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I’m not sure what to say about this book. I read it very quickly, and the whole way through I struggled with two irreconcilable critical opinions. On the one hand, I absolutely loved it. On the other, I hated it. The only possible way to reach something approaching a consensus would be to say that I hated myself for enjoying it. Not a promising start, I agree.

A bit of background: I picked this up because I read an interview with the author in one of the weekend review supplements, where Riley was being hailed as one of the most exciting young writers around. I am often chastised by various friends about the fact that my bookshelves are disproportionately populated by dead, white, male authors; as they say, ‘it’s a fair cop’. In my bid to broaden my literary horizons (which is part of the point of this blog) I’m always on the lookout for well-reviewed up-and-coming, perhaps little-known and unstudied authors. Gwendoline Riley seemed to fit the bill, so I sought her out. The back of my copy reads: ‘Sick Notes is a powerful and moving study of urban disaffection, female friendship and the longing for love and redemption.’ I guess that about sums it up, but for whatever reason she took me completely by surprise.

Now, I love a bit of urban disaffection: I’m something of a disaffected urbanite myself, and my specialism in the field of literary study is Modernism, where they lay it on pretty thick. I’m also big on female friendship, can’t get enough of it in fact; and I’m a reluctant expert in the longing for love and redemption. Put all these things together, as the blurb would suggest, and you might think it’s all systems go. Well; yes and no. I guess what I wasn’t prepared for is the closeness of this novel. Riley’s prose is claustrophobic. It’s like being inside the head of a teenage woman-child with an empty stomach, cold feet and a drinking problem. And whilst I’m sure we can all relate on some level, I’m not sure that I want to. It all seems a little self-indulgent.

Having said that, however, by god is it beautifully executed. The whole thing is like a whirlwind of hormones, booze and hunger and anxiety and draughty rooms; you can really feel out every crackle of a bare duvet on skin; the rain pelting down, the ice in a glass of gin in a dingy bar. Everything perfectly observed and damningly examined. The shark-eyes of drunks; the dry teabags on the windowsill; the unopened boxes in the corner. There’s something exhilarating about the momentum of the thing. Like the desire that grips one, ever more rarely as the years stack up, to get lost for a few days… a rush of self-annihilating giddiness. It left me feeling self-conscious and a little embarrassed at how swept up I’d become. Exactly like a night on the tiles, I guess.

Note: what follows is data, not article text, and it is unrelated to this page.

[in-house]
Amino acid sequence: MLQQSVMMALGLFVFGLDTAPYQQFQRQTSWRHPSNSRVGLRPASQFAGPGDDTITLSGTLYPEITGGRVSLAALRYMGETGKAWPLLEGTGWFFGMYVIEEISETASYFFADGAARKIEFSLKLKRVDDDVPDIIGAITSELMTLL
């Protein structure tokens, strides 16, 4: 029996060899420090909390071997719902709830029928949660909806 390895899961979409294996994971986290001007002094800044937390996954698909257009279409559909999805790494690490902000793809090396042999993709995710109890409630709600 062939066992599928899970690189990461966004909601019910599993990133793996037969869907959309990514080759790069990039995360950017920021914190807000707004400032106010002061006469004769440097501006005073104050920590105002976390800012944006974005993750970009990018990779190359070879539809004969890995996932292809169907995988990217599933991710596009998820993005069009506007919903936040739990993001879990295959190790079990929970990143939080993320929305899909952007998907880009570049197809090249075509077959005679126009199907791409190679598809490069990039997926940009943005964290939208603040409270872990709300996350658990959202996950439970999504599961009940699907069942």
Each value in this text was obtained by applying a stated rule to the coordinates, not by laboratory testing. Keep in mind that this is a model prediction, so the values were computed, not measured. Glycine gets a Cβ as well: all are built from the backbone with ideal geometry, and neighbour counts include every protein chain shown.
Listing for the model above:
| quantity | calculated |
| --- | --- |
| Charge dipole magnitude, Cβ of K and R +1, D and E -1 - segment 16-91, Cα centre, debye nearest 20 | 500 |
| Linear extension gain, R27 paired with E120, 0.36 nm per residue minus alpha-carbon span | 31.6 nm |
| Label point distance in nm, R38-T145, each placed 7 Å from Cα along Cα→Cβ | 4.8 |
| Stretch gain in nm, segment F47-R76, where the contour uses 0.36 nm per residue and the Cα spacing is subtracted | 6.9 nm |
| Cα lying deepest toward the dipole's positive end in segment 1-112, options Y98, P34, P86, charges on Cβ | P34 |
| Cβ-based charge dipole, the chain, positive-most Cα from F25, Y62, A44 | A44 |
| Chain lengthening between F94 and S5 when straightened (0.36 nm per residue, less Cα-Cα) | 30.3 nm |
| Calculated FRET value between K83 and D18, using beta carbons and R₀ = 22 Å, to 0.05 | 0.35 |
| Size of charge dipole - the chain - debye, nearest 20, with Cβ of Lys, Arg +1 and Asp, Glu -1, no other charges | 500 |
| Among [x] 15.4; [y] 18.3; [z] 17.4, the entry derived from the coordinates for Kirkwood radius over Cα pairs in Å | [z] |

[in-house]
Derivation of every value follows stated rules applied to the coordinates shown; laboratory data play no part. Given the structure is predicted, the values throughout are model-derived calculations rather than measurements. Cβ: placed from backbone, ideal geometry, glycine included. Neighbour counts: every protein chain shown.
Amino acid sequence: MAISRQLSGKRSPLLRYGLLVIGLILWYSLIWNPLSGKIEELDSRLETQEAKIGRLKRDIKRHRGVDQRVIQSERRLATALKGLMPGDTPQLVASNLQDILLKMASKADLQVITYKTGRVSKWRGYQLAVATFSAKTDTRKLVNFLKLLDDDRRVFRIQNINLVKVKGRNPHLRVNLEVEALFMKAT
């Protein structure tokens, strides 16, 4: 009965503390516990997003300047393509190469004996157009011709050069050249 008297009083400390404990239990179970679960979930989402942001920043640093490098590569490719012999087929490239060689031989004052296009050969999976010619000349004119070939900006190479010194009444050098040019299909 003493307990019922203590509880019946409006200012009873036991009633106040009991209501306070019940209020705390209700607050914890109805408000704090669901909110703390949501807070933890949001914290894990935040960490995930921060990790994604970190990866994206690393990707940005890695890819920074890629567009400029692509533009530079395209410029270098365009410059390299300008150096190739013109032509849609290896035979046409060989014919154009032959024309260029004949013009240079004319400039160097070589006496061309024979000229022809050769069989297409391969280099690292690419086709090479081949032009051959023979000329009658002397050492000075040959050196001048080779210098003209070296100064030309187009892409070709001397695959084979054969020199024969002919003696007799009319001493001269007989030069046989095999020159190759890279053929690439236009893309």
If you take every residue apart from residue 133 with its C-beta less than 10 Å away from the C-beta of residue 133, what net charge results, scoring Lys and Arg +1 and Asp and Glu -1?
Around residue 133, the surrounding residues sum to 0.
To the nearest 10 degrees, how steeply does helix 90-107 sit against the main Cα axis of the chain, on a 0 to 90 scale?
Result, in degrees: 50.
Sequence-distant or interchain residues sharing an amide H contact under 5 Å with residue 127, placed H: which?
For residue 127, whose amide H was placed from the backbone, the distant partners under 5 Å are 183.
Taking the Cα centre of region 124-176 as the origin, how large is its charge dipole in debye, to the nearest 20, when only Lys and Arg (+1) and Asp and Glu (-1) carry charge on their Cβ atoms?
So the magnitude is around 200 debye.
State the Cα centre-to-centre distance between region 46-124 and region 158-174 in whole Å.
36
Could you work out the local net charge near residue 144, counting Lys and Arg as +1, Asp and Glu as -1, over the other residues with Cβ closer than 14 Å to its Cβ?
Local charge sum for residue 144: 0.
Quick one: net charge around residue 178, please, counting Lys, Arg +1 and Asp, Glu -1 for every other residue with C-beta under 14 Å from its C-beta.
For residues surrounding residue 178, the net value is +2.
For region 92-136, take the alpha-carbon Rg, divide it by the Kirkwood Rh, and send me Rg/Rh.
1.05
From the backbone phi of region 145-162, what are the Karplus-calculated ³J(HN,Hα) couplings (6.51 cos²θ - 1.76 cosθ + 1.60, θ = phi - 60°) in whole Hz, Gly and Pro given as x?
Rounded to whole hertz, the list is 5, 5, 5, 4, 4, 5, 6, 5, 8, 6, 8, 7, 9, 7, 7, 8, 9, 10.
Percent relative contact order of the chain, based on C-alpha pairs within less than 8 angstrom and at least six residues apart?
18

I’m going to come back to Gwendoline Riley, I’m sure, inevitably, but I think we need to take a break.

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Somehow, in my journey through the education system, I managed to completely bypass Angela Carter. One of those strange omissions. This is my first, belated, foray into that weird and wonderful world. Nights at the Circus. I must admit I approached this novel with caution. I half expected to be shocked: testament to the power of the Carter myth. In the end I wasn’t – I get the impression The Bloody Chamber earned her that reputation – but I was entertained. Here are some reflections..

My copy had been frantically underlined by someone clearly doing GCSE or thereabouts – some very earnest recognition of innuendo going on. However, they only got a few chapters in, and the rest of the copy was mercifully untouched. More fool them.

I can see that Ms Carter is an ideal writer to teach – this novel lends itself very well to the illustration of literary devices and introduces some big themes in an engaging and memorable way. In particular, in the muscular, cockney-angelic Fevvers: the Feminine and Otherness.

Other notable characters are the mute pianist tiger tamer, along with her lover; a gifted singer, and survivor of an abusive marriage to a ‘monkey man’. And of course the journalist who loses his memory and becomes a visionary shaman, and the American circus-master who makes all his important decisions through his pet psychic pig, Sybil. So many convoluted metaphors.

Indeed, I began to suspect that the story was at times simply a device to link all these characters together. There is a whole episode, for instance, where we deviate from the central narrative entirely, and visit a hellish prison, designed by a murderess for the incarceration and correction of other murderesses. God knows it’s a powerful image – the panopticon; the surveillance punishment and the cells full of unrepentant women who eventually break free – but how on earth did it find it’s way into this novel? It seems a little far-fetched. But that’s not an argument for or against. This novel is a playground of mythic archetypes, superimposed on a fantastical modern stage. Any criticism on the grounds that it is absurd is irrelevant.

Final impressions.. Storytelling seems to be a big theme here, and feminine storytelling, that is, necessarily a-historical. What do the central characters – who are all women – have to say? They are carnal, hearty, sometimes villainous, sometimes vain; resourceful, outsiders, fiercely loyal and, above all, great talkers. This novel might as well be a yarn spun from the same riotous evening at the very beginning, when big ben repeatedly chimes midnight: time stands still, and the boundaries between fact and fiction, stage fantasy and droll reality become irrevocably blurred. In all the little episodes of this novel, the reader might sense Fevvers nudging us in the ribs. Great fun, if a little disorientating.